Abstract: Measurement of socioeconomic inequalities in health and health care, and understanding the determinants of such inequalities, are critical for achieving higher equity in health care through targeted health intervention strategies. The aim of the paper is to quantify inequality in diabetes morbidity patterns, survival and health care service usage and understand determinants of these inequalities in relation to socio-demographic and clinical morbidity factors. Further, to compare income level and educational level as proxies for Socio Economic Status (SES). Data on the entire Danish diabetes population in 2011 were applied. Patients’ unique personal identification number enabled individual patient data from several national registers to be linked. Cox survival method and a concentration index decomposition approach are applied. Results indicate that lower socioeconomic status is associated with higher morbidity, mortality and lower survival. Differences in diabetes patients’ morbidity patterns, time of diagnosis and health state at diagnosis as well as health care utilization patterns suggest that despite the Danish universal health care system use of services differ among patients of lower and higher SES. Especially outpatient services, rehabilitation and specialists in primary care show different usage patterns according to SES. Comparison of educational level and income level as proxy for patients’ SES indicate important differences in inequality estimates. This is a result of reversed causality between diabetes morbidity and income as well as income related inequality to a higher extent being explained by morbidity.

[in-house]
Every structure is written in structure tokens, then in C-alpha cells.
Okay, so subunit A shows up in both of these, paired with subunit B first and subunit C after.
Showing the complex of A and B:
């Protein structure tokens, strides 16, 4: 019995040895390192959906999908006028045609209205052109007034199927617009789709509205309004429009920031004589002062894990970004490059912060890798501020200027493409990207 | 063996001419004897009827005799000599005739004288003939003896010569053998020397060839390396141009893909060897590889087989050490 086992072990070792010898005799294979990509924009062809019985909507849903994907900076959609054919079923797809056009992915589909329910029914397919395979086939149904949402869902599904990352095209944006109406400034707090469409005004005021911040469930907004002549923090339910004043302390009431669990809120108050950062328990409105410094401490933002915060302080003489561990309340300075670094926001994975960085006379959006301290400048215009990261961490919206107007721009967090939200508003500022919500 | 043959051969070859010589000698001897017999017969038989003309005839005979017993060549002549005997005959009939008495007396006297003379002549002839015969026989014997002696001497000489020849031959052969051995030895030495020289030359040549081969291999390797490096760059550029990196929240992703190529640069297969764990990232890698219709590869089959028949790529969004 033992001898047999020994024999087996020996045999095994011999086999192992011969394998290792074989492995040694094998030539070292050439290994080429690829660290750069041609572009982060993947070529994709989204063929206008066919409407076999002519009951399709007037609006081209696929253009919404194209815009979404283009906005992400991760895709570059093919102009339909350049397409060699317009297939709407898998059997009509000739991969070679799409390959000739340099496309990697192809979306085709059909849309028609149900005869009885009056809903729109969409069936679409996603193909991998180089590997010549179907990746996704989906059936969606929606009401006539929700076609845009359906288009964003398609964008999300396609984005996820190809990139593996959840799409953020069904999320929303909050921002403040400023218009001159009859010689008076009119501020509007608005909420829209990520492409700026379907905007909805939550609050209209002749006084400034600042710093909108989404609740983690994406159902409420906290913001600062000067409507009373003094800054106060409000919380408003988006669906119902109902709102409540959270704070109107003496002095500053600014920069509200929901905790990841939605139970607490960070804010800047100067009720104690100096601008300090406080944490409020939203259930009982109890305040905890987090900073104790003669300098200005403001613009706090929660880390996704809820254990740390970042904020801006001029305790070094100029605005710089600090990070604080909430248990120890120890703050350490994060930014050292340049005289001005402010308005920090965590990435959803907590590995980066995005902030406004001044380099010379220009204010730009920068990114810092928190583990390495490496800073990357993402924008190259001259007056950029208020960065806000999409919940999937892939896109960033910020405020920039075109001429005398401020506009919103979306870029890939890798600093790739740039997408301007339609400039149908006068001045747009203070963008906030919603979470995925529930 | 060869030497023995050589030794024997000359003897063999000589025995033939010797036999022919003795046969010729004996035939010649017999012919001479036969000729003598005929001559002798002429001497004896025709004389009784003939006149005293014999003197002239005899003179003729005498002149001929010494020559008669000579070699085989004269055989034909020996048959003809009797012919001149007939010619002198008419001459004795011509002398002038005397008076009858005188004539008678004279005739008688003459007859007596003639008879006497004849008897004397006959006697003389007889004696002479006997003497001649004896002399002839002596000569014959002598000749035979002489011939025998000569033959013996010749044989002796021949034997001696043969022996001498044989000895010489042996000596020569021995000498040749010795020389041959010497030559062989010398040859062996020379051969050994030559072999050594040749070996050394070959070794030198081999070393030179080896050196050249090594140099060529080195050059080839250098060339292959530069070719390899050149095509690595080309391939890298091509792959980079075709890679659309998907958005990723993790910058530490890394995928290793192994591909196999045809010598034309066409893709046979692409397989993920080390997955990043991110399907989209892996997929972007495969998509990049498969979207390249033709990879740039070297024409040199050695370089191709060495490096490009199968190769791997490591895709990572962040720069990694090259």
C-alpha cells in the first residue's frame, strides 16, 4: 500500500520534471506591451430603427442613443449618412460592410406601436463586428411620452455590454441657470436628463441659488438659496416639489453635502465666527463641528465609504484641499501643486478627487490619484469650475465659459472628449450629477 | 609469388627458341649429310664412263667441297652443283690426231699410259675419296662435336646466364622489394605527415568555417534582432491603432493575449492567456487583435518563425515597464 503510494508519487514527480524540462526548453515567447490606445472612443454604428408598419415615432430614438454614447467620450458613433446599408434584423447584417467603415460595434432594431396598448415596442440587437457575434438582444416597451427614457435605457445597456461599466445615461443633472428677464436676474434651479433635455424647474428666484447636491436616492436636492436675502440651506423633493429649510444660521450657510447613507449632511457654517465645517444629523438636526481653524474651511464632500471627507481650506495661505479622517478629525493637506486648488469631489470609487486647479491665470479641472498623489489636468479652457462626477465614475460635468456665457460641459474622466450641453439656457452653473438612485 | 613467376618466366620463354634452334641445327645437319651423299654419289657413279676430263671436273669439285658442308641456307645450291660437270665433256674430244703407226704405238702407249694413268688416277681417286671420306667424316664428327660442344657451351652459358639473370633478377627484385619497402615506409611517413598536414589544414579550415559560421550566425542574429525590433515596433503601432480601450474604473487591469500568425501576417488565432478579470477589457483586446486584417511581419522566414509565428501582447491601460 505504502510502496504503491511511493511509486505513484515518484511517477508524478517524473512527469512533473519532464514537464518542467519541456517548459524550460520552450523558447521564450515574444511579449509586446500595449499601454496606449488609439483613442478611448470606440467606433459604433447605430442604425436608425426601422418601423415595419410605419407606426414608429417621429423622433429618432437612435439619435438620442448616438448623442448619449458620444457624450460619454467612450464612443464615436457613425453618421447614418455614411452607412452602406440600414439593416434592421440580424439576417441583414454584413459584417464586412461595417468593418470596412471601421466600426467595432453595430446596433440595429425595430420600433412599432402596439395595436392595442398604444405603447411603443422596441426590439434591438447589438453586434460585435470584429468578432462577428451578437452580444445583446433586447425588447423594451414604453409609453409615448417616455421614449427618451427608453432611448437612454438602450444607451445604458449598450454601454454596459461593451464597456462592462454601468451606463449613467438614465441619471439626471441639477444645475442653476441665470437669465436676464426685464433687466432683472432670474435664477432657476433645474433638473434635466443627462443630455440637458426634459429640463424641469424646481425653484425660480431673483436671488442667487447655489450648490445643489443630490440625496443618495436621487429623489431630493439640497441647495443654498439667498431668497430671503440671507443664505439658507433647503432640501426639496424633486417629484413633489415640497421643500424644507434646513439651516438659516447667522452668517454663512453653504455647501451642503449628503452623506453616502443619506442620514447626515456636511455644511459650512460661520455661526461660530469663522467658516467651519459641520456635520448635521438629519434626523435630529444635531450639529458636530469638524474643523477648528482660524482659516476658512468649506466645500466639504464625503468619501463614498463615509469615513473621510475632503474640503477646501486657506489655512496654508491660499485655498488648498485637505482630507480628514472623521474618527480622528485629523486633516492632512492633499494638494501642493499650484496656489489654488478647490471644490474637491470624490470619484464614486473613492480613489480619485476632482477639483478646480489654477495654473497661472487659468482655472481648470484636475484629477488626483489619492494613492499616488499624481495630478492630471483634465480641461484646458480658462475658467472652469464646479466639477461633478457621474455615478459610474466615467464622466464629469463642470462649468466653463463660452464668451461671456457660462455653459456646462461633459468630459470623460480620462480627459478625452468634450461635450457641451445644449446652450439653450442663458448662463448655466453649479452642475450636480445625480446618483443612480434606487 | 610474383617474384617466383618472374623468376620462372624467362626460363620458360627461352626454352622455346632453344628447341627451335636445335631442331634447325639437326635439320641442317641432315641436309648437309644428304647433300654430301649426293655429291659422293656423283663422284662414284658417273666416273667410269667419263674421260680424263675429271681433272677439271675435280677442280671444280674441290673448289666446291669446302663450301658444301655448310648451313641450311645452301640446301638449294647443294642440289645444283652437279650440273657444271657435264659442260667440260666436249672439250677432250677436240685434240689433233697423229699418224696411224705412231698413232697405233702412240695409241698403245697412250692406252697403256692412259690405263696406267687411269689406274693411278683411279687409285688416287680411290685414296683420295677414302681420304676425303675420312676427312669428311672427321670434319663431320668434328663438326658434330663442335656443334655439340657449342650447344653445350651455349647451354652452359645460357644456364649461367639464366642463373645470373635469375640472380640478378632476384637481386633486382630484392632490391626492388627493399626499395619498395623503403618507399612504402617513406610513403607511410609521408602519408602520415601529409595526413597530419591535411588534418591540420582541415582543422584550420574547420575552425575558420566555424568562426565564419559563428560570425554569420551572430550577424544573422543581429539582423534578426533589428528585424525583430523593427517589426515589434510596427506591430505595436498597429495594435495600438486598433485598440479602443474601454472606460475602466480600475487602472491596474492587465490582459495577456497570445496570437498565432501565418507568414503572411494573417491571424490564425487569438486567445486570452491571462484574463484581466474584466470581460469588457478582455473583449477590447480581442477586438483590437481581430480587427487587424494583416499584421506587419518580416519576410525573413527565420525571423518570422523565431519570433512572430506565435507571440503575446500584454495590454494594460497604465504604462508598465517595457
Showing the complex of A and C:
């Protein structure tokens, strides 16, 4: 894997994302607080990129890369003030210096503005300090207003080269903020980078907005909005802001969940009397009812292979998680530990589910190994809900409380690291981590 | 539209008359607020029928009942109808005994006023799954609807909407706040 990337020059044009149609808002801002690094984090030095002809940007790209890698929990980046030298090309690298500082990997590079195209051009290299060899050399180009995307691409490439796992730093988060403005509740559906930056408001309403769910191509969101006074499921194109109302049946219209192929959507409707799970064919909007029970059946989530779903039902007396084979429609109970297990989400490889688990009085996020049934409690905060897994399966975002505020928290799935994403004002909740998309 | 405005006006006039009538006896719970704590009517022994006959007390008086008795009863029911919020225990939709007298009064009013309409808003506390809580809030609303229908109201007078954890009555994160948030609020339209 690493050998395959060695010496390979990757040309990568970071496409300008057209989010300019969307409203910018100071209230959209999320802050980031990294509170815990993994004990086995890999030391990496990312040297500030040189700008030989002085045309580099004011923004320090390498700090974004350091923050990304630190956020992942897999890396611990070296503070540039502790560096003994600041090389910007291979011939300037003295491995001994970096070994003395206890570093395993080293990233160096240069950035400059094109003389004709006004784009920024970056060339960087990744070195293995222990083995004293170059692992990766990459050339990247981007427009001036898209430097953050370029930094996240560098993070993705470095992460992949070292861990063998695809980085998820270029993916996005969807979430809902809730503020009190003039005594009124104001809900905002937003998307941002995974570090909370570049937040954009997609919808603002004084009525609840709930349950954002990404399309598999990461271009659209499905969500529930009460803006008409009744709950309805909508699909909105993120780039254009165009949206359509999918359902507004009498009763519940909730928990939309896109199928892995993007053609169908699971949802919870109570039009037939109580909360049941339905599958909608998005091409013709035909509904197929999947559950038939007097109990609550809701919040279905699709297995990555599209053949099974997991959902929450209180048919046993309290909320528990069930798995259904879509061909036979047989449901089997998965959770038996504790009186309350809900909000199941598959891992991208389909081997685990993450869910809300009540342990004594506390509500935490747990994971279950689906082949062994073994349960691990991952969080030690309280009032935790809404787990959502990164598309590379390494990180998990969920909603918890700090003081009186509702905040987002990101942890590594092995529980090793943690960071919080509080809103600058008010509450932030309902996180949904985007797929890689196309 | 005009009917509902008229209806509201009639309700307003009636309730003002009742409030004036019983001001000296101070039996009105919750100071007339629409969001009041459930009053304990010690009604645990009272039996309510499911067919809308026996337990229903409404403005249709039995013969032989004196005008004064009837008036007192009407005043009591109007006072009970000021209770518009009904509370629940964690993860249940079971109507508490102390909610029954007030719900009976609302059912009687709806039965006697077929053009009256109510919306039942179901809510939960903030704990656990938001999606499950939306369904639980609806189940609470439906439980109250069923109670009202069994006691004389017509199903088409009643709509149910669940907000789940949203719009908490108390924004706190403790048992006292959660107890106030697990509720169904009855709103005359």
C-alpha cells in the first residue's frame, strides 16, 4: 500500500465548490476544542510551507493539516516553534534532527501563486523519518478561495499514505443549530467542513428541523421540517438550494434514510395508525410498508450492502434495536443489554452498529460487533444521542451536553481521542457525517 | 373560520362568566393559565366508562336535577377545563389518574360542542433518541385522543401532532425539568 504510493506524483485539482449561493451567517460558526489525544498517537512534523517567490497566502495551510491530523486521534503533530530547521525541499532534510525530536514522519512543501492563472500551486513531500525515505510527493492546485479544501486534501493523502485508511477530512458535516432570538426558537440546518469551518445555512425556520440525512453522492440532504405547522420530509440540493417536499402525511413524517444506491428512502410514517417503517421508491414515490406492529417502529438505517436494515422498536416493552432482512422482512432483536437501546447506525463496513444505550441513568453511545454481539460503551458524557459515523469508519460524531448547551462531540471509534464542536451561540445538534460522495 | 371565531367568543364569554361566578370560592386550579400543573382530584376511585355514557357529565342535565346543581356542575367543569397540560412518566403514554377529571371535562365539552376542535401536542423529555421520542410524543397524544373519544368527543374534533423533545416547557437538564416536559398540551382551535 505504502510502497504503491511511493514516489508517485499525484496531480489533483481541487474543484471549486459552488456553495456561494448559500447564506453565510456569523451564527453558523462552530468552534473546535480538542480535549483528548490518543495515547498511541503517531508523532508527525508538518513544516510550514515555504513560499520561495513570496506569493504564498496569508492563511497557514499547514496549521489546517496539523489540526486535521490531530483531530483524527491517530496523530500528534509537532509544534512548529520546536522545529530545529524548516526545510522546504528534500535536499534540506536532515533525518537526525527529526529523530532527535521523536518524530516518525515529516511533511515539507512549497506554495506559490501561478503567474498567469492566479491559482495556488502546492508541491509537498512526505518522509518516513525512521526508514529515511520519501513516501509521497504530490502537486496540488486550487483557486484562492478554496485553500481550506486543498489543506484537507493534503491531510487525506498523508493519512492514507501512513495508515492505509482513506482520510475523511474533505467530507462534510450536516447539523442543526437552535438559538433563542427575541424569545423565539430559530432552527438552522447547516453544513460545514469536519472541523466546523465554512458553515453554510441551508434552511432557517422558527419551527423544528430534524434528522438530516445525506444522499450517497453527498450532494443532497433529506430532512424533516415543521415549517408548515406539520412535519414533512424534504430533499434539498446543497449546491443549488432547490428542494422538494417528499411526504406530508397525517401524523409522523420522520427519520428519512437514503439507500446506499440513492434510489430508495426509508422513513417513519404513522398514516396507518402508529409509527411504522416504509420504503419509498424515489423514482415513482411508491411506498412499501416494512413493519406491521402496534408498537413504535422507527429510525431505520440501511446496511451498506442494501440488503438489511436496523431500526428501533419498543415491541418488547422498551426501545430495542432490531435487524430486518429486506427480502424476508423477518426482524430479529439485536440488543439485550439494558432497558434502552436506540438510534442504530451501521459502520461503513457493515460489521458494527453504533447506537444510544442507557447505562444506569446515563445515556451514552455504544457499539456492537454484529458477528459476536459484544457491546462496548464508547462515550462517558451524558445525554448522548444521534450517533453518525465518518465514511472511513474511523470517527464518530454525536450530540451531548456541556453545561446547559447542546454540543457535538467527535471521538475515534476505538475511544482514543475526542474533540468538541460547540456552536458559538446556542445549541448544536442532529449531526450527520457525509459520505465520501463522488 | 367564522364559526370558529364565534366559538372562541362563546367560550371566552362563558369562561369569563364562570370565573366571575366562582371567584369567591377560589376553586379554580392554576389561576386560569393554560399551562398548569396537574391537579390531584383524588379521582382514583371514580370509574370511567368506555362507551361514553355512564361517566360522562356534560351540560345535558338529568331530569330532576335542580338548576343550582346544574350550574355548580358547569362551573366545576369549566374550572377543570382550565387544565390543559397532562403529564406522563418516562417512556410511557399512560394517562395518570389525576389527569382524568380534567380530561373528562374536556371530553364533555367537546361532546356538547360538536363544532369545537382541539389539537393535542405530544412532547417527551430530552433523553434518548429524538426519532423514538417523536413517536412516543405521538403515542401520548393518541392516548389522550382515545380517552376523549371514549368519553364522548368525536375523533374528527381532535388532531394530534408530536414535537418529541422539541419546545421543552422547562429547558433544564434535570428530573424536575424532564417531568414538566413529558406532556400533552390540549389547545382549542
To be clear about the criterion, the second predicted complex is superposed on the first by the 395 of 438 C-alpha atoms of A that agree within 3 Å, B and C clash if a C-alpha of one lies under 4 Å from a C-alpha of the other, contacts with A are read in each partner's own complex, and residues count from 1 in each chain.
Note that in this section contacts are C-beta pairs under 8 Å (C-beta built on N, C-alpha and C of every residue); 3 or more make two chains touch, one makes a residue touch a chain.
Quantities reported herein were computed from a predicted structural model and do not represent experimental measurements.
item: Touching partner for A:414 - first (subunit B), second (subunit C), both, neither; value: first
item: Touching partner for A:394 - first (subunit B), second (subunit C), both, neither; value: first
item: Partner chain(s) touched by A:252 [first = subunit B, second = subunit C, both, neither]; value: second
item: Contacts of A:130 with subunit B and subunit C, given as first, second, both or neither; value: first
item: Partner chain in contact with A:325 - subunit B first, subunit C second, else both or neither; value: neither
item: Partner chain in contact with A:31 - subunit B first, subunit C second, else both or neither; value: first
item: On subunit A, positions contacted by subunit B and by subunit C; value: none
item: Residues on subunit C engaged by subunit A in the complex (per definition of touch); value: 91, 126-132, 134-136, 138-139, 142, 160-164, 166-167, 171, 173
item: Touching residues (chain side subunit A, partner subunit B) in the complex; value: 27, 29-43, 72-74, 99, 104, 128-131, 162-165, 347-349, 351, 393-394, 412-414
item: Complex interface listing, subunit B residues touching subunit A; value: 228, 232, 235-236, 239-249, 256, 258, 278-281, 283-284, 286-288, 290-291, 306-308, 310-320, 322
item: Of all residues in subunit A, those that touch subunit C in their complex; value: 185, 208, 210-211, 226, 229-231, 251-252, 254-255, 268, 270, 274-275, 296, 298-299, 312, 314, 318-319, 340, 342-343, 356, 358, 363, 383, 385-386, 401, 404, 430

Keywords: Health inequality; diabetes; morbidity patterns; health care service usage; decomposition; socio-economic inequality
    JEL: I12 I14 I18
    Date: 2016–02–10
  12. By: Andersen, Thomas Barnebeck (Department of Business and Economics, and COHERE); Dalgaard, Carl-Johan (Department of Economics); Skovsgaard, Christian Volmar (Department of Business and Economics, and COHERE); Selaya, Pablo (Department of Economics)
    Abstract: In this study we provide evidence that historical migration flows impact present-day global health differences. The underlying theory is based on three physiological facts. First, vitamin D deficiency is directly associated with increased risk of premature death. Second, the ability of humans to synthesize vitamin D from sunlight (i.e., ultraviolet radiation, UV-R) declines with the level of skin pigmentation. Third, the level of human skin pigmentation is the result of an evolutionary compromise between the costs of pigmentation (e.g., higher risk of vitamin D deficiency) and its benefits (e.g., lower risk of skin cancer); people living in high UV-R regions, as a result, became more intensely pigmented. Accordingly, when individuals indigenous to high UV-R regions migrate to low UV-R regions the risk of vitamin D deficiency rises markedly, which should in turn impact average health in the recipient region. We develop an empirical measure that allows us to explore the aggregate consequences of local populations’ differential risk of vitamin D deficiency, as caused by historical migration flows. Our proposed measure of risk of vitamin D deficiency holds strong explanatory power vis-à-vis health outcomes in a world sample as well as across US states.